Call for overall junk food advert watershed in Scotland

The watershed for junk food adverts would become 9pm under the push

All junk food advertising for children should be banned in a bid to combat childhood obesity, health experts have warned.

A 9pm watershed on junk food adverts should be implemented across all media devices and channels to protect children from the harmful effects of marketing of foods high in fat, sugar and salt, according to a report compiled by a 44-strong group of charities and health campaigners including Obesity Action Scotland and TV chef Jamie Oliver.

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The group said this 9pm watershed should include live TV, TV on demand, radio, all types of online, social media, apps, in-game, cinema and digital outdoor advertising.

Current rules, introduced for TV in 2007 and online in 2017, only restrict junk food adverts when a TV show, film or website is designed specifically for children or considered to be “of particular appeal” to them.

They do not cover the times when children are likely to be watching “family” shows such as the X Factor and Britain’s Got Talent, which generally screen between 6pm and 9pm.

Lorraine Tulloch, programme lead of Obesity Action Scotland, said: “We know that junk food adverts influence what children eat and contribute to childhood obesity. The current restrictions don’t cover family viewing time or popular Saturday night TV viewing.

“We need to ensure they are protected from junk food adverts on all forms of media. It’s time for government to step up and take action to protect the health of our children.”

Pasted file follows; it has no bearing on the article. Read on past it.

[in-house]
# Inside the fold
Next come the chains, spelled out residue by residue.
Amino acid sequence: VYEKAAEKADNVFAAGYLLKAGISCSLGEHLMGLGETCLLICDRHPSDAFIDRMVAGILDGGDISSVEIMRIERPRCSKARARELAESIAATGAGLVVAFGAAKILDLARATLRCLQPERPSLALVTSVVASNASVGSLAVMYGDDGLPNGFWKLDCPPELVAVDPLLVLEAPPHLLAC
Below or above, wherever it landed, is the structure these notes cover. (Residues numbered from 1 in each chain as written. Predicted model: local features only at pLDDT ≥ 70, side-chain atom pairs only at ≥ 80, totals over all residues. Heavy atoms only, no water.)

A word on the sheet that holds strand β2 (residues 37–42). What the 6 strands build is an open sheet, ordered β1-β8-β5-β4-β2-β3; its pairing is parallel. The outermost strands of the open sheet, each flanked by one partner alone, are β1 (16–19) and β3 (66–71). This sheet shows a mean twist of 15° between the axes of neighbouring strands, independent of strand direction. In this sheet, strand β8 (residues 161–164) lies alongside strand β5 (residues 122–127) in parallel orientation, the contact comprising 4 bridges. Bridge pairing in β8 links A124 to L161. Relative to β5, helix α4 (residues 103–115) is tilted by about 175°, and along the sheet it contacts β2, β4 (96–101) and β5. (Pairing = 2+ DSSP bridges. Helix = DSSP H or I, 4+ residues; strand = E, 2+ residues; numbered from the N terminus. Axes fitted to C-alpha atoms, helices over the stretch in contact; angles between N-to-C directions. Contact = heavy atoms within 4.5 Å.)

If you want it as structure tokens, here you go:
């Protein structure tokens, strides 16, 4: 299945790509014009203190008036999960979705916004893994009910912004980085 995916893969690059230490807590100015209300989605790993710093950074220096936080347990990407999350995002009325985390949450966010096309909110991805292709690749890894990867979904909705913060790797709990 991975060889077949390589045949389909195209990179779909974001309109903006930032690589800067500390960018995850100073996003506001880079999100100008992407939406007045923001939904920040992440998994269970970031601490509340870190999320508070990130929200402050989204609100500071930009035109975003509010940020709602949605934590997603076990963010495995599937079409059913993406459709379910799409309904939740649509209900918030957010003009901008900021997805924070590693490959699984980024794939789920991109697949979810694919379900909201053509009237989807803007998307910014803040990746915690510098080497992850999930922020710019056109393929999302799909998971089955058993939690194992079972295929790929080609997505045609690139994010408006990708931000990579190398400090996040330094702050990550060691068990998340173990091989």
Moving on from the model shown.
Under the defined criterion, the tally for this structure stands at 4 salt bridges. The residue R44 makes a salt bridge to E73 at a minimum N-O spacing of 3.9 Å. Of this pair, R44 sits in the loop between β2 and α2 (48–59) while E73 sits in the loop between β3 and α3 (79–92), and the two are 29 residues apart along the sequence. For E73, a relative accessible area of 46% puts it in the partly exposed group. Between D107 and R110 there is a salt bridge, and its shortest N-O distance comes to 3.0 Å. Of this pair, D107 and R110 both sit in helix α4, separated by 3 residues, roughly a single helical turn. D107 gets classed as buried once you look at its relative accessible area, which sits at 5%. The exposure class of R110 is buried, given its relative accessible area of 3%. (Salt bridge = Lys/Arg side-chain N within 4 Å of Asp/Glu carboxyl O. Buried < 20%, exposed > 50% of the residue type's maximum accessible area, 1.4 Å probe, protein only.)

The group carried out a poll which found that 69 per cent of people agree that children seeing junk food marketing contributes to childhood obesity, while around 70 per cent support a 9pm watershed.

Malcolm Clark, policy manager at Cancer Research UK, said: “Young children who spent more than half an hour a day online, where advertising can be prolific, were almost twice as likely to pester their parents for junk food, according to a recent Cancer Research UK report. There is strong evidence that suggests time spent online and watching TV increases the likelihood that children will ask for, buy and eat more unhealthy foods. If they didn’t, then the food industry wouldn’t spend so much on advertising.”

Caroline Cerny of the Obesity Health Alliance said: “A 9pm watershed across all types of junk advertising is the most effective measure to protect children from the harms of junk food advertising.”

The Scottish Government is currently exploring action on devolved aspects of advertising, while the UK government has promised a consultation on advertising restrictions.